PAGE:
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Zydus Cadila plans to test its COVID-19 vaccine on 30,000 volunteers in late stage trial

Cadila Healthcare said its vaccine was found to be well tolerated and immunogenic in the Phase I/II clinical trials.

December 25, 2020 / 08:21 PM IST

Cadila Healthcare (Zydus Cadila) on December 24 said the company is planning to initiate Phase III clinical trial of its COVID-19 vaccine ZyCoV-D in around 30,000 volunteers upon receiving necessary approvals.

The company said its vaccine was found to be well tolerated and immunogenic in the Phase I/II clinical trials.

In the Phase II study of the vaccine ZyCoV-D had been tested in over 1,000 healthy adult volunteers.

"The vaccine was found to be safe and immunogenic. The trial has been reviewed by an independent Data Safety Monitoring Board (DSMB) and reports have been submitted to Central Drugs Standard Control Organisation (CDSCO) regularly for the update on safety outcome," Zydus Cadila said in a statement.

"ZyCoV-D has now completed Phase II clinical trials and the vaccine has been found to be safe and immunogenic. We are optimistic of Phase III clinical trial outcomes as well and that we would be able to start the production of the novel vaccine on its successful completion," said Pankaj Patel, Chairman, Zydus Cadila.

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COVID-19 Vaccine

Frequently Asked Questions

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How does a vaccine work?

A vaccine works by mimicking a natural infection. A vaccine not only induces immune response to protect people from any future COVID-19 infection, but also helps quickly build herd immunity to put an end to the pandemic. Herd immunity occurs when a sufficient percentage of a population becomes immune to a disease, making the spread of disease from person to person unlikely. The good news is that SARS-CoV-2 virus has been fairly stable, which increases the viability of a vaccine.

How many types of vaccines are there?

There are broadly four types of vaccine — one, a vaccine based on the whole virus (this could be either inactivated, or an attenuated [weakened] virus vaccine); two, a non-replicating viral vector vaccine that uses a benign virus as vector that carries the antigen of SARS-CoV; three, nucleic-acid vaccines that have genetic material like DNA and RNA of antigens like spike protein given to a person, helping human cells decode genetic material and produce the vaccine; and four, protein subunit vaccine wherein the recombinant proteins of SARS-COV-2 along with an adjuvant (booster) is given as a vaccine.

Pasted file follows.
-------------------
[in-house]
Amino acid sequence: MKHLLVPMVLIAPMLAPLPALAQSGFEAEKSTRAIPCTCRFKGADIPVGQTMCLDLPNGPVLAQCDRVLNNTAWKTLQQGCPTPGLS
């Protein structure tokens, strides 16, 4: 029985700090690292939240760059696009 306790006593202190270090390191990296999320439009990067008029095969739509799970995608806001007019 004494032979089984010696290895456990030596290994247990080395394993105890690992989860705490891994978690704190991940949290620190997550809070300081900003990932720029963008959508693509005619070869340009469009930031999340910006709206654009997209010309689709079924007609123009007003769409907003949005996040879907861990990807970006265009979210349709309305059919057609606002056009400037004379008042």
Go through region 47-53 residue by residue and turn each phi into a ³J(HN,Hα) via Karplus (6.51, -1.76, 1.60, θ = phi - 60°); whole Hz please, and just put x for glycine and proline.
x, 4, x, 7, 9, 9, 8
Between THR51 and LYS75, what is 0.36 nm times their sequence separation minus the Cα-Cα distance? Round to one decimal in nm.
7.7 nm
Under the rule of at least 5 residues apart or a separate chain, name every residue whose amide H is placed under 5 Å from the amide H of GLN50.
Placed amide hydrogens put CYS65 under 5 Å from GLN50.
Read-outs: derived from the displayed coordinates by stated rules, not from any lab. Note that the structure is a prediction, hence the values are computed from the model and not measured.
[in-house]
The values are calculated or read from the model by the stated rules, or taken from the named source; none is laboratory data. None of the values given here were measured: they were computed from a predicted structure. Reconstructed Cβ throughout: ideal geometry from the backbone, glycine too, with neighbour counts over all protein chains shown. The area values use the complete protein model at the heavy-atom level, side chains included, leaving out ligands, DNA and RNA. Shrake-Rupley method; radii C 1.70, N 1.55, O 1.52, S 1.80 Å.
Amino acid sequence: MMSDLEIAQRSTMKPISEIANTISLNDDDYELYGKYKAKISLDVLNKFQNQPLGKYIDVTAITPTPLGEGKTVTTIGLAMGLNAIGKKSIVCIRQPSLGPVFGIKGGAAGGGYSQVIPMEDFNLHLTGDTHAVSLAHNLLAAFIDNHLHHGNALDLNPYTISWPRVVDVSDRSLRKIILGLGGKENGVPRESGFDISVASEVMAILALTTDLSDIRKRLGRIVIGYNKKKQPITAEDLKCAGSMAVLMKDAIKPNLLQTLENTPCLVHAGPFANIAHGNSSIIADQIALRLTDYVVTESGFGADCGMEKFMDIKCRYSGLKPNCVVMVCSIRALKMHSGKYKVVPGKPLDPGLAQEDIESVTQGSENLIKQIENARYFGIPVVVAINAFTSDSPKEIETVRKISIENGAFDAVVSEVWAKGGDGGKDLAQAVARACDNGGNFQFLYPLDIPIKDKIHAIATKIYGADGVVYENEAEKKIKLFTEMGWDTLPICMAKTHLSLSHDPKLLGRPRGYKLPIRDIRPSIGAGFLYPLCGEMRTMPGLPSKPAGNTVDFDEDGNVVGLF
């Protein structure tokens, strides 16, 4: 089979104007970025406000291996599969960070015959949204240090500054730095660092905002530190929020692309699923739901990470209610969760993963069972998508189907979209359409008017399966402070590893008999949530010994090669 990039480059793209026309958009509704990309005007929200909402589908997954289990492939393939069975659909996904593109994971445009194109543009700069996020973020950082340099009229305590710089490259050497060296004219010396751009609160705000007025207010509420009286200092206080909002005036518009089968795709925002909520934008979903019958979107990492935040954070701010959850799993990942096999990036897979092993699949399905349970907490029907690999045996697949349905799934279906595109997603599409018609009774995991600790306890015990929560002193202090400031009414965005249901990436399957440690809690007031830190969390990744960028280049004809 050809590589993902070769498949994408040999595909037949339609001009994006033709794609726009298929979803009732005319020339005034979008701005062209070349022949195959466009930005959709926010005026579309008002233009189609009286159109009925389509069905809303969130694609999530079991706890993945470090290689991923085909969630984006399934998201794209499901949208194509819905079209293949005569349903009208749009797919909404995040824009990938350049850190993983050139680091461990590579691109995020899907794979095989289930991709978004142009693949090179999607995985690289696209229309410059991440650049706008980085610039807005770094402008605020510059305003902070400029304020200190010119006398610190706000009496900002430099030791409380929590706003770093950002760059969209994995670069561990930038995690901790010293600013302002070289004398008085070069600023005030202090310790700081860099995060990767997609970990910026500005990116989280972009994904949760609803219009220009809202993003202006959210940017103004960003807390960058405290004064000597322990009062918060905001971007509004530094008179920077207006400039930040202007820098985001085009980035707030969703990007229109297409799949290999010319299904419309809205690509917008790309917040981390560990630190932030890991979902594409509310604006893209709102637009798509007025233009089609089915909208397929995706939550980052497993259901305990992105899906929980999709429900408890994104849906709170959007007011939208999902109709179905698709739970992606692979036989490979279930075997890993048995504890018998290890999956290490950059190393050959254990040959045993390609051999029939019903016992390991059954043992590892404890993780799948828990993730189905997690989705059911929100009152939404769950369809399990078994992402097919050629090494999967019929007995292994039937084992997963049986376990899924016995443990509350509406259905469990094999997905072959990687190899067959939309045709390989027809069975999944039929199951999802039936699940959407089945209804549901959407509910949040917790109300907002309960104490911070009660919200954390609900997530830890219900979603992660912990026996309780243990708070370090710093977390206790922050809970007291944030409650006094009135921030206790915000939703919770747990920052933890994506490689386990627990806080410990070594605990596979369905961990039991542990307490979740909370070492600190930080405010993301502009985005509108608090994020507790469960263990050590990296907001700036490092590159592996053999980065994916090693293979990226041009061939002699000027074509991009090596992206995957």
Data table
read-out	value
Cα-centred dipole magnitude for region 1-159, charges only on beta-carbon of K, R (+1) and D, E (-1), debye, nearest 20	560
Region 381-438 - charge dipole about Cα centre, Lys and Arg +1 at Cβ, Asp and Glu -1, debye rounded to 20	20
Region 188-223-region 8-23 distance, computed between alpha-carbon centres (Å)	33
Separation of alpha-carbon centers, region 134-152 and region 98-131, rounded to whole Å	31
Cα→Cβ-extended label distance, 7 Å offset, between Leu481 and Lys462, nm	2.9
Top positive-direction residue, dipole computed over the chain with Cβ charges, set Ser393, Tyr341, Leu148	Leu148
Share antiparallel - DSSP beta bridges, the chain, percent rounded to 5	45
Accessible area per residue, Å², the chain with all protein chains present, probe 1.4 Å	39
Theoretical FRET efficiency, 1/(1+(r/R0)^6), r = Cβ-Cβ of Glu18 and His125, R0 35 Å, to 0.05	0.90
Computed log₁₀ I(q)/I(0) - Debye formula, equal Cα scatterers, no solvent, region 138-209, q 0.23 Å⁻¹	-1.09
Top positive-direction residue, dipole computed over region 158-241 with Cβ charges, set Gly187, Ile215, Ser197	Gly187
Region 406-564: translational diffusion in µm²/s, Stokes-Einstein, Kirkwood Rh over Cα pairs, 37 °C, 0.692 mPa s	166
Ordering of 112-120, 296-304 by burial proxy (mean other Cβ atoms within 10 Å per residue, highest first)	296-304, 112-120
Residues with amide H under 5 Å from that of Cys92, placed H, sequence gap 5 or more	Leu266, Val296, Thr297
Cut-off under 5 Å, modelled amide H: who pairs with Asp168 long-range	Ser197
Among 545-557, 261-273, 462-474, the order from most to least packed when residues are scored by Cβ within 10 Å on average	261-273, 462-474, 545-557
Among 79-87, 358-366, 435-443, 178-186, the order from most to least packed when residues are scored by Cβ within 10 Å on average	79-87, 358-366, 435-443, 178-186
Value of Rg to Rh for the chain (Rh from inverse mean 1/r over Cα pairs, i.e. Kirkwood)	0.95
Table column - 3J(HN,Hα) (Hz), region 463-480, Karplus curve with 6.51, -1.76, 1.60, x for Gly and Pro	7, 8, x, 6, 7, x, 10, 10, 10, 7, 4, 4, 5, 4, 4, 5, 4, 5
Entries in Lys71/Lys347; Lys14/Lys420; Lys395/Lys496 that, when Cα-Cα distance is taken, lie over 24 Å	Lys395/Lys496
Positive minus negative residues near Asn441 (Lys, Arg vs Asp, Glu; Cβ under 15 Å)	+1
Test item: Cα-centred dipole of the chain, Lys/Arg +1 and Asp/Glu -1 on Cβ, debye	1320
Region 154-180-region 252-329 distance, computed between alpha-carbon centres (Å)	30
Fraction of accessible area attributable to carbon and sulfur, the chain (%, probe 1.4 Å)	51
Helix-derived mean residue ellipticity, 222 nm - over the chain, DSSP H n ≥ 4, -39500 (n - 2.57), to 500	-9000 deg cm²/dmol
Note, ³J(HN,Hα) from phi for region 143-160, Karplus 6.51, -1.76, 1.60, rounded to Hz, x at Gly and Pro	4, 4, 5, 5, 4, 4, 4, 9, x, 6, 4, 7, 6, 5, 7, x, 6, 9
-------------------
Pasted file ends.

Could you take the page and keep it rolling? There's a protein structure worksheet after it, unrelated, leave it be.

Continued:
What does it take to develop a vaccine of this kind?

Vaccine development is a long, complex process. Unlike drugs that are given to people with a diseased, vaccines are given to healthy people and also vulnerable sections such as children, pregnant women and the elderly. So rigorous tests are compulsory. History says that the fastest time it took to develop a vaccine is five years, but it usually takes double or sometimes triple that time.

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Zydus Cadila has taken a novel approach to its potential COVID-19 vaccine. Called plasmid DNA, the vaccine consists of genetic material of SARS-CoV-2 protein that instructs human cells to make SARS-CoV2 antigen, eliciting an immune response. The company says that this approach is easily replicable and scalable, requiring just Biosafety Level (BSL)-1. Zydus Cadila initiated Phase–1 and 2 trials in July.

ZyCoV-D vaccine can be stored at 2-8 degrees temperature, making it a good fit for the existing cold chain infrastructure. The vaccine is delivered through the intradermal (injected into the epidermis) route, which is much easier to administer compared to intramuscular injection, which requires training of healthcare workers.

The company has said it expects to have final data of phase III by March-April 2021. If everything goes well, the launch of the vaccine is expected in the first half of 2021.
Viswanath Pilla is a business journalist with 14 years of reporting experience. Based in Mumbai, Pilla covers pharma, healthcare and infrastructure sectors for Moneycontrol.
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